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Change is a constant, especially in the world of technology. To keep up with the population they serve, federal agencies have to be ready to embrace that change by building a culture of flexibility that can capitalize on technologies and ideas that don’t even exist yet. And while that’s easier said than done in an environment where disruption is the name of the game, agencies should at the very least be keeping a weather eye on what’s just around the corner in the next quarter, the next fiscal year, the next calendar year.
Toward that end, here’s four projections for 2020 from David Egts, chief technologist of North America Public Sector for Red Hat.
FedRAMP is going to get easier
Egts said he’s heard through various channels that it’s getting easier to get certified through FedRAMP, which means more companies will pursue that certification. That’s especially true for software-as-a-service providers, due to the fast track program known as FedRAMP Tailored. That makes it far more likely that the government will be able to start adopting the kinds of low impact SaaS technologies being used in the private sector.
“Having the speed of government at parity with the speed of businesses, that’s something I’m looking forward to,” Egts said. “FedRAMP is seen as a de facto standard for cloud security, not just as a standard within the federal government, but state and local agencies, as well as other companies that work with the federal government, and even other governments look at FedRAMP as being this gold seal of approval of due diligence has been done, a third party has looked at it.”
That will mean more choices for government, and more opportunities for the integration of services. But it’s not all good news: that also increases an agency’s risk for vendor abandonment. After all, Egts said, 90% of startups fail. That’s why agencies also need to have a cloud exit strategy in place before they begin their cloud journey. They have to prepare – and budget – for the possibility that they may need to move their data between cloud providers or back on premise.
“Having a data management plan as part of your cloud strategy is really important. So if you’re generating tons of data, are you budgeting for that?” Egts said. “How do you retire your data? How long are you going to keep your data? Especially in the government world, where agencies are afraid, due to policy, to keep their data for too long, or afraid to delete it at all?”
Increased tempo of ATO and CDM will require automation of infrastructure, compliance
Continuous Diagnostics and Mitigation, the Department of Homeland Security’s cybersecurity dashboard program, is picking up steam as more agencies launch and complete CDM pilots. In the past, cybersecurity audits involved documents printed out and tucked into a binder, once per year. CDM is changing that.
“I compare it to you go to your annual doctor visit, they take your blood pressure, and that’s one reading at one point in time,” Egts said. “But that may not be an accurate representation over a year. Compare that to having a Fitbit, whether it’s tracking your heart rate, sleep quality, or whatever your health statistics are that you want to measure, and it’s doing that continuously and alerting you of anomalies.”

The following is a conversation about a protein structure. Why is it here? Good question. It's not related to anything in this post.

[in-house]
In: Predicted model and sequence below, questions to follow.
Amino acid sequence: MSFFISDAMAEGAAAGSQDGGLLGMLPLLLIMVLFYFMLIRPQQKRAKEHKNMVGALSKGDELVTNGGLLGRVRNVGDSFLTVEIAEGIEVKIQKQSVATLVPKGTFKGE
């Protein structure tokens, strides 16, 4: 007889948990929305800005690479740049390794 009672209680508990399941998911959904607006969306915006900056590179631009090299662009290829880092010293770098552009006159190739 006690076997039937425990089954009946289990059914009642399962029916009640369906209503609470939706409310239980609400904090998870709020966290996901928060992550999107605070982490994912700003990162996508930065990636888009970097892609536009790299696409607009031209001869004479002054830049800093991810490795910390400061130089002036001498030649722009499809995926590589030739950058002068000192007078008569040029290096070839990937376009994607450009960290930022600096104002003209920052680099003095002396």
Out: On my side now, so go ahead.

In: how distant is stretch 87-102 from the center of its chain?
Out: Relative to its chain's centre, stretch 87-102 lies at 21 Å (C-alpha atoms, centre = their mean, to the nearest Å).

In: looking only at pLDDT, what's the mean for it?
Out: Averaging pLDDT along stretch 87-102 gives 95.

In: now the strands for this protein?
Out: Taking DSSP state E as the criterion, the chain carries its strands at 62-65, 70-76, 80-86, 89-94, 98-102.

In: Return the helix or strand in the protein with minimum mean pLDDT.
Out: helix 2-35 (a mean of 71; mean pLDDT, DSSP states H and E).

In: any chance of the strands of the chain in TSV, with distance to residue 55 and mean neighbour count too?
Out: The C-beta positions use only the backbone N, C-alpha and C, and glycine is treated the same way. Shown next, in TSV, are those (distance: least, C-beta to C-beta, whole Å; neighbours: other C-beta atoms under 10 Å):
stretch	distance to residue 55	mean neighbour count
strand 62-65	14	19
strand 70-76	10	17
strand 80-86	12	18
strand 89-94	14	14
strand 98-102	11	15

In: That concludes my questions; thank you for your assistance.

The only way this is going to be feasible, Egts said, is to remove humans from the loop.
“The only way to continuously check your security posture is through automation,” he said.
Hybrid and multi-cloud are here, and they’re not going away
The Cloud Smart policy is an evolution of Cloud First. Agencies are realizing that not everything needs to go to the cloud, and not every cloud is right for every application. Agencies need a cloud strategy, and they need an open substrate which spans from on premise to multiple public clouds. This helps them accelerate their adoption of the cloud by not having to to cross-train people on technologies specific to certain cloud providers, and will be able to run certain workloads on public clouds, and others in private data centers.
Because every cloud provider does containers differently. So standardizing on an underlying platform gives agencies more options, but with fewer functional variations.
“If an agency goes all in with one particular cloud, and they’re locked into that cloud, the strength of that agency’s hand for negotiation is weakened,” Egts said. “By making multicloud a part of your cloud strategy, you’ll be able to ensure the cloud providers are delivering value, at the right price, and the right features and the right capability, or you’re free to go elsewhere.”
Products won’t be a panacea. Agencies need to focus on people and process too
Cloud Smart, the Federal Cyber Reskilling Academy, and the Executive Order on Maintaining American Leadership in Artificial Intelligence recognize what that it’s not just about the technology, it’s about the people as well. Getting the right programs won’t help if employees aren’t able to use them to their fullest potential.
Egts points to : “organizations which design systems … are constrained to produce designs which are copies of the communication structures of these organizations.” So if agencies have siloed, top-down communications styles, that’s what their systems will wind up looking like as well.
Instead, agencies need to adopt an open culture, revolving around agile principles and DevSecOps. The most engaged agencies, like those found in the Federal Employees Viewpoint Survey, are the ones that embody those principles, communicate effectively, and empower their workforce.
“Establishing guiding principles at the top and empowering employees at all levels is the only way for agencies to scale as agency expectations go higher and higher and technologies move faster and faster,” Egts said.